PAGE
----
Executive Director at the John F. Kennedy Library Foundation
This month’s CivXNow member spotlight features Steven M. Rothstein, the Executive Director of the John F. Kennedy Library Foundation. Rothstein, who took the helm of the organization in 2016, was a leader in the formation of the Massachusetts Civic Learning Coalition (MCLC). MCLC, composed of civics education nonprofits, school districts, research institutions, and others invested in students’ civic learning, was instrumental in crafting and advocating for the sweeping civic education legislation passed in Massachusetts in 2018. Their work currently includes advocating for funding — both public and private — to support the implementation of the law, professional development for teachers, and civics projects. During the current FY20 state budget process, MCLC has spearheaded legislative outreach, hosted two lobby days at the state capitol, and had over 50 Massachusetts Legislators sign on to budget amendments to support these efforts.
Q: What was the genesis of forming the Massachusetts Civics Learning Coalition?
Rothstein: There had been a longstanding effort for many years to highlight the importance of civic education. Many groups — nonprofits, educational organizations, legislators — had concerns about the lack of civics education and knowledge, across the Commonwealth and beyond.
When I started at the Kennedy Library Foundation roughly three years ago, I met with many of them to find out what was happening, because civic education and engagement is an issue that is important to President Kennedy’s legacy and important to many of the programs that we operate. It was clear that there were lots of great people working on civic education, but that the work was happening in silos. So several of us — Louise Dubè, of iCivics, Generation Citizen, and I — brought people together and asked, “What if we started a coalition to bring people together to work on the project together with a collective voice?”
Q: What steps did you take next?
Rothstein: We started with a small group and reached out to more and more groups, mostly nonprofits and some school districts, to see if they would join us. And then as we got a critical mass of groups, we met with legislators and set priorities, particularly on getting legislation through, but also on supporting the effort to establish the new history and social studies framework that the Department of Elementary and Secondary Education was working on.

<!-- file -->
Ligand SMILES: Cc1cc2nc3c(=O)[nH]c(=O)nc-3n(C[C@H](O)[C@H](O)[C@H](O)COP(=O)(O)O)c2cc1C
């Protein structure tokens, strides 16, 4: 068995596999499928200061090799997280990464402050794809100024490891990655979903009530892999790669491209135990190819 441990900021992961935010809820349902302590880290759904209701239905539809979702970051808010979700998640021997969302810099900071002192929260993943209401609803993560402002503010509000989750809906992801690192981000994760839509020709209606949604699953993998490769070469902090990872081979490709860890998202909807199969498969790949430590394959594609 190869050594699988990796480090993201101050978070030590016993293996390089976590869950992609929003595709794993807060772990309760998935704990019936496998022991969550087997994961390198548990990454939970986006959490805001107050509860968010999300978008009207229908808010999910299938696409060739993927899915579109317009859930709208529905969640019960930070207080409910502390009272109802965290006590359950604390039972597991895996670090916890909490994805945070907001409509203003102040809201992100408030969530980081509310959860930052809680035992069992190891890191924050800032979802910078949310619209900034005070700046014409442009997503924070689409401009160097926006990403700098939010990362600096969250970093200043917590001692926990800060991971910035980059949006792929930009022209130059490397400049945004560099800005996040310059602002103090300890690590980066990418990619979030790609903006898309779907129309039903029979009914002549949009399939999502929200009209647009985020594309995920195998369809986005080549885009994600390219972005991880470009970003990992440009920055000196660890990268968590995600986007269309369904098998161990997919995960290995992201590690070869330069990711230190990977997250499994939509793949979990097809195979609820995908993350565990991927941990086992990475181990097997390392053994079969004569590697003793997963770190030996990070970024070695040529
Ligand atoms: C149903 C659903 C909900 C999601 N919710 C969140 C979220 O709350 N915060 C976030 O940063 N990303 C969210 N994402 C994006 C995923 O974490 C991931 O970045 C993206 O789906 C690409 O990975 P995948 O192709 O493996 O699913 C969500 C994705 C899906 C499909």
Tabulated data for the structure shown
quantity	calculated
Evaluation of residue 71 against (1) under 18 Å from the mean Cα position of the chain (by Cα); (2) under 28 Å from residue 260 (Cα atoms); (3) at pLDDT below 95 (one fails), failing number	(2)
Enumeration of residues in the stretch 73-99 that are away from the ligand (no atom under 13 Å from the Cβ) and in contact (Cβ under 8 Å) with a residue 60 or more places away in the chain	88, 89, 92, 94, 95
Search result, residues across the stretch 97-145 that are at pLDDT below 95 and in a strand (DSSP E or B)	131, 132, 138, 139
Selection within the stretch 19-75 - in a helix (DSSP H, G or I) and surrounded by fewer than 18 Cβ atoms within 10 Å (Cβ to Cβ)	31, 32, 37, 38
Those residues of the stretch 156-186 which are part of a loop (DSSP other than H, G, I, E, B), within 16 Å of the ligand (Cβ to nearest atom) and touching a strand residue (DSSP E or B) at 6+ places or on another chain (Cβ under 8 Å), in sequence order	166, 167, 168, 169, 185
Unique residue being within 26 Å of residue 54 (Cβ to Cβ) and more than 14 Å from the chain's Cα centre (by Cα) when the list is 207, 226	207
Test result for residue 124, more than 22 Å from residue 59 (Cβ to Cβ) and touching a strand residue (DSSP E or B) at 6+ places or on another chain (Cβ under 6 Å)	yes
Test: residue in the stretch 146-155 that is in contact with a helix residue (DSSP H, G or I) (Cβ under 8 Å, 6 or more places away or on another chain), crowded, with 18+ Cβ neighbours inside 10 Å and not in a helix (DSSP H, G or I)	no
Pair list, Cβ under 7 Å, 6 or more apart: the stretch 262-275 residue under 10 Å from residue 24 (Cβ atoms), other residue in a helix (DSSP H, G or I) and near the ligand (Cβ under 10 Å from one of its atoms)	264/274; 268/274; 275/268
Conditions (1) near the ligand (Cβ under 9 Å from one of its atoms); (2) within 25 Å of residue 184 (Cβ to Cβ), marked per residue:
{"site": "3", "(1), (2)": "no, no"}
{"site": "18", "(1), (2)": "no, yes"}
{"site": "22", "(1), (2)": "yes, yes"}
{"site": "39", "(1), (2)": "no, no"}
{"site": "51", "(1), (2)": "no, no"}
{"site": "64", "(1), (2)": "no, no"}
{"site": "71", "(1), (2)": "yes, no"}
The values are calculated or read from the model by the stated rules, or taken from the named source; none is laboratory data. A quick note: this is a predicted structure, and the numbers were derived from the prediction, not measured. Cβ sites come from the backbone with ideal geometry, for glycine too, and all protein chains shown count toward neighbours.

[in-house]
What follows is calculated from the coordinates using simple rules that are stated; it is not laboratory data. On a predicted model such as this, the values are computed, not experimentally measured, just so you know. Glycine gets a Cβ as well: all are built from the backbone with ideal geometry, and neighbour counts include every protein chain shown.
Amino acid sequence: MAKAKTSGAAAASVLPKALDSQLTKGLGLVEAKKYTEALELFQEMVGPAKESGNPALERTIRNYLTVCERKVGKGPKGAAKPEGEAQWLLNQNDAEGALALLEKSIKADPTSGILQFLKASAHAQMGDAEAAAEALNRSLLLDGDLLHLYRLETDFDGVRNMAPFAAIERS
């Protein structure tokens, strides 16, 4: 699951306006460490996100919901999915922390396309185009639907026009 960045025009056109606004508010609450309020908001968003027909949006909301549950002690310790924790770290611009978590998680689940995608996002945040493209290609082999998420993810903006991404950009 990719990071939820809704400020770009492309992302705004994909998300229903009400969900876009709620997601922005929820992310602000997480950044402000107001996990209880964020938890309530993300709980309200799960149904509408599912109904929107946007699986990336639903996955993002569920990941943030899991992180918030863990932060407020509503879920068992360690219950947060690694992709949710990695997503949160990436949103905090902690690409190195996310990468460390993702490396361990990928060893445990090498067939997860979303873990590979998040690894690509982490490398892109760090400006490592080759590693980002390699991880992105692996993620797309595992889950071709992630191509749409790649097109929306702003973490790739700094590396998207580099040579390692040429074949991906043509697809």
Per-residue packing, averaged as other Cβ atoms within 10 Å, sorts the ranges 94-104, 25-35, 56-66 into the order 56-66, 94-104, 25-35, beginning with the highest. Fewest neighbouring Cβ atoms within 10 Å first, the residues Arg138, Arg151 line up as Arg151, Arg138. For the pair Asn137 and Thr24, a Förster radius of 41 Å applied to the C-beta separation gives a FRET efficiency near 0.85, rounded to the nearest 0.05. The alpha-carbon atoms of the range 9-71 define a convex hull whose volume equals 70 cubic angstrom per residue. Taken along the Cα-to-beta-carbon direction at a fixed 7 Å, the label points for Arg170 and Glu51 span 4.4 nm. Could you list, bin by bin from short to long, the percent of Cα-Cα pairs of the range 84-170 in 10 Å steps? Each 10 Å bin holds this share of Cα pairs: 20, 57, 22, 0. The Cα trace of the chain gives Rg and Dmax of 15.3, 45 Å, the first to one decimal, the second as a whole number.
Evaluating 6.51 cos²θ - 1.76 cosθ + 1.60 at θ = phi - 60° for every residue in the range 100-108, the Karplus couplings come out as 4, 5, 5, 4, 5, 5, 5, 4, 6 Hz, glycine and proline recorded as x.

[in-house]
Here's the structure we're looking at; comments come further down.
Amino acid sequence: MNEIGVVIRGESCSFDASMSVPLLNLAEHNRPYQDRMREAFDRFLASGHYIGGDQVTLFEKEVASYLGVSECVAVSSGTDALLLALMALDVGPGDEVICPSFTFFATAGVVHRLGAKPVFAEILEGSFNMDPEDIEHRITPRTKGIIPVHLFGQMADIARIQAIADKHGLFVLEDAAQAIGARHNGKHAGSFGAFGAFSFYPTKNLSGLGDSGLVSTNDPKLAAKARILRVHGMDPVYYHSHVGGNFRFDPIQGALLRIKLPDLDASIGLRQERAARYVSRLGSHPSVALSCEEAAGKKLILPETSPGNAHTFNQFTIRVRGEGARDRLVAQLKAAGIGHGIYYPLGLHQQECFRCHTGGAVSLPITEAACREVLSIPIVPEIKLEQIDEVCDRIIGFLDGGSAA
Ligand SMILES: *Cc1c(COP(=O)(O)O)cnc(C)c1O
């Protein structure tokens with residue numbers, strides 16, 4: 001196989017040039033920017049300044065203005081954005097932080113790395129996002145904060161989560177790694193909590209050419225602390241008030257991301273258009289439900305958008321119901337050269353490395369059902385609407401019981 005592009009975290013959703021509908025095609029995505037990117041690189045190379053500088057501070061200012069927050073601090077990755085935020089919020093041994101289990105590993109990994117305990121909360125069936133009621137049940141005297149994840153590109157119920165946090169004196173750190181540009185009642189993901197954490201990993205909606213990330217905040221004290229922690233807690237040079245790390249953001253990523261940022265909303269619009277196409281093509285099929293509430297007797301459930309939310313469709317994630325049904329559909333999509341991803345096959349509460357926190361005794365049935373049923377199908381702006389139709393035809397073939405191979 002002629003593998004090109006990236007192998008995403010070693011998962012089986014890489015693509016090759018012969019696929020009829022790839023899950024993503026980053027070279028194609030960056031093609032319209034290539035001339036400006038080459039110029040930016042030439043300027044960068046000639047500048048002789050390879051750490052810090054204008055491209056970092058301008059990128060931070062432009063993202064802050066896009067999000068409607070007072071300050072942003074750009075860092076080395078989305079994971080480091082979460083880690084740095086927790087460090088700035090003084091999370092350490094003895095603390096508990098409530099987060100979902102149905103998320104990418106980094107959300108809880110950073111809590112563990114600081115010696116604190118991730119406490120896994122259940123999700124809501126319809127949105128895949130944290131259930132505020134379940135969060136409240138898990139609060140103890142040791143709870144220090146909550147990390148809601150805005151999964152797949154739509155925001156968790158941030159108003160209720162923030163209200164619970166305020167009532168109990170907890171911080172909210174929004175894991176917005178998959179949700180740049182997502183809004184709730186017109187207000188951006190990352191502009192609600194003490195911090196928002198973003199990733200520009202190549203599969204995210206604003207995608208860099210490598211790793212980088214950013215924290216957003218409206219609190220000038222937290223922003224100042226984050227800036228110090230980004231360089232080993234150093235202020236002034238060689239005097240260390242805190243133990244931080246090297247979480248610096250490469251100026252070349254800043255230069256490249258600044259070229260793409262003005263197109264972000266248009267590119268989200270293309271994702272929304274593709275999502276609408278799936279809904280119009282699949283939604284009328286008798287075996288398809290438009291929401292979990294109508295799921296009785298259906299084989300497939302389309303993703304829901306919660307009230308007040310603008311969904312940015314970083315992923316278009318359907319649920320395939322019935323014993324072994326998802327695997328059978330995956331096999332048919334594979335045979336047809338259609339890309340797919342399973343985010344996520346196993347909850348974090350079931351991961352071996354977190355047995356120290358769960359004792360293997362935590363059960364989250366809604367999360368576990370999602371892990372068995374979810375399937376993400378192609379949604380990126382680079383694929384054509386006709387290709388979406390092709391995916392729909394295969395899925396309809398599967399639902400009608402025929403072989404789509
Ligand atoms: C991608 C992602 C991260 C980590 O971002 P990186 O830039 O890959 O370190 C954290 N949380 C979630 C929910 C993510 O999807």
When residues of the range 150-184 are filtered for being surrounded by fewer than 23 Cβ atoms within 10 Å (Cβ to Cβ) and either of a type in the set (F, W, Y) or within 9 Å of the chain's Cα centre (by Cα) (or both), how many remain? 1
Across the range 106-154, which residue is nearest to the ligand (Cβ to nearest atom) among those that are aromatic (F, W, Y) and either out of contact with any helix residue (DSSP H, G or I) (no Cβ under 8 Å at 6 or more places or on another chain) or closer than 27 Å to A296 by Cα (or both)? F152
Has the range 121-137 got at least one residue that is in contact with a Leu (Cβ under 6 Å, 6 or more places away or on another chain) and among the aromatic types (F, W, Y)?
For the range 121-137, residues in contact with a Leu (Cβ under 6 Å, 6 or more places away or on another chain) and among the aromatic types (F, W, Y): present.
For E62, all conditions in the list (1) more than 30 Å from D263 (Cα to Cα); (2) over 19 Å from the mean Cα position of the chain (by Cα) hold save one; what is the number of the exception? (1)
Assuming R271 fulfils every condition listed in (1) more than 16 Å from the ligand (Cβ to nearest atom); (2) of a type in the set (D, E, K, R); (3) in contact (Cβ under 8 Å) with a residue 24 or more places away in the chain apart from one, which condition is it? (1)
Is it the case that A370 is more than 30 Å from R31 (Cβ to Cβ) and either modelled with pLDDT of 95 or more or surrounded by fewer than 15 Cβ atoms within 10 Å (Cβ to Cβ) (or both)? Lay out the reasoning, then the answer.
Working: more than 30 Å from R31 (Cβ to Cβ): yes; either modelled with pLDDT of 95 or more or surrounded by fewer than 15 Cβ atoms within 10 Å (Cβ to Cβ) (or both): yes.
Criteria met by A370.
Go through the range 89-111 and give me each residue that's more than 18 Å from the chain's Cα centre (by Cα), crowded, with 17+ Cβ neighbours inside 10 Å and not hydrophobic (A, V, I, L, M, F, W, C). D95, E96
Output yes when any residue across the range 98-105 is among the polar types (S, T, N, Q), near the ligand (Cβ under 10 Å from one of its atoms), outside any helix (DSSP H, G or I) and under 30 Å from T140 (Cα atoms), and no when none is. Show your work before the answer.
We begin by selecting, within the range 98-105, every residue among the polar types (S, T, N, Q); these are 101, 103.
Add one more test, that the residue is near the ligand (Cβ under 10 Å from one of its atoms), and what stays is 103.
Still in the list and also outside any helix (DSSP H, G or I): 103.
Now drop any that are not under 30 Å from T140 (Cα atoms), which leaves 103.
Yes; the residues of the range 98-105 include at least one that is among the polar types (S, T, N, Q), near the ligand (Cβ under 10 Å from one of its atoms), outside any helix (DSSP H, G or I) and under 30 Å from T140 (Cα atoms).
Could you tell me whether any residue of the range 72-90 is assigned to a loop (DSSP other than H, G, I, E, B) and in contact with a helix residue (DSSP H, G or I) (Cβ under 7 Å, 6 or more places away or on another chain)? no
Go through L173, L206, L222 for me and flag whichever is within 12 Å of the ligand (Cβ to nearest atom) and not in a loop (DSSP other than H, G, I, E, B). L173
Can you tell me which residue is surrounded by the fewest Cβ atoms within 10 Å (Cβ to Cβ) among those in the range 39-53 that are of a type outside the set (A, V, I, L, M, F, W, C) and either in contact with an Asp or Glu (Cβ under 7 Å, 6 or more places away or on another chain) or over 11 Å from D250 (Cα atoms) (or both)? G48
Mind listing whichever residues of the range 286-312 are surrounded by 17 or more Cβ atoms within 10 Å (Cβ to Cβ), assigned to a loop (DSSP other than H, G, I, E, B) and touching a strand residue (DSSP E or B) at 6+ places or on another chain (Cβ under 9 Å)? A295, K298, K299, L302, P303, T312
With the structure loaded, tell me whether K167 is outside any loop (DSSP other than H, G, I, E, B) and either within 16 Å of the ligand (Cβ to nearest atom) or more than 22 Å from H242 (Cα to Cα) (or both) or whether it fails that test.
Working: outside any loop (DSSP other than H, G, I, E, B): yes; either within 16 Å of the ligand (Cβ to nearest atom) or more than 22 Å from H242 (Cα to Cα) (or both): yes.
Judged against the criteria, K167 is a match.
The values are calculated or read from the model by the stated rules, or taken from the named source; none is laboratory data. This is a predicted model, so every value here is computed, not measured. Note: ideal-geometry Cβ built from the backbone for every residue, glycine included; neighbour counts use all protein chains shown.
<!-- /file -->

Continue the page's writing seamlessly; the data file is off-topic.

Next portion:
Q: What was the role of JFK Library Foundation in the coalition?
Rothstein: The purpose was to make sure the variety of organizations — whether they were legislative, state agencies, or private funders — spoke with a single voice so that people understand that in addition to all of the work that individual groups do, which is great, that collectively there is a clear unified voice here.
Q: Why was this movement important to the JFK Library Foundation?
Rothstein: We have been working on education for decades. President Kennedy believed strongly in people getting involved in society and making a difference, whether it’s volunteering in neighborhood voting or signing up for the Peace Corps. And fundamentally people aren’t going to get involved if they don’t understand the system and how to be involved. So building people’s understanding is critical.
Q: How did the coalition function in terms of getting legislation passed?
Rothstein: We were very active. We met with individual legislators, and then met with the legislative staff together. Legislators and their staff worked on compromises internally. So instead of having roughly a dozen bills, they coalesced around a particular bill. And then we organized lobby days at the State House to engage people in further advocacy.
It included helping legislators come together, supporting them when they did, and then actively lobbying to ensure that the proposed legislation continued to receive attention.
Q: What were some of the key steps and then some of the obstacles you had to overcome?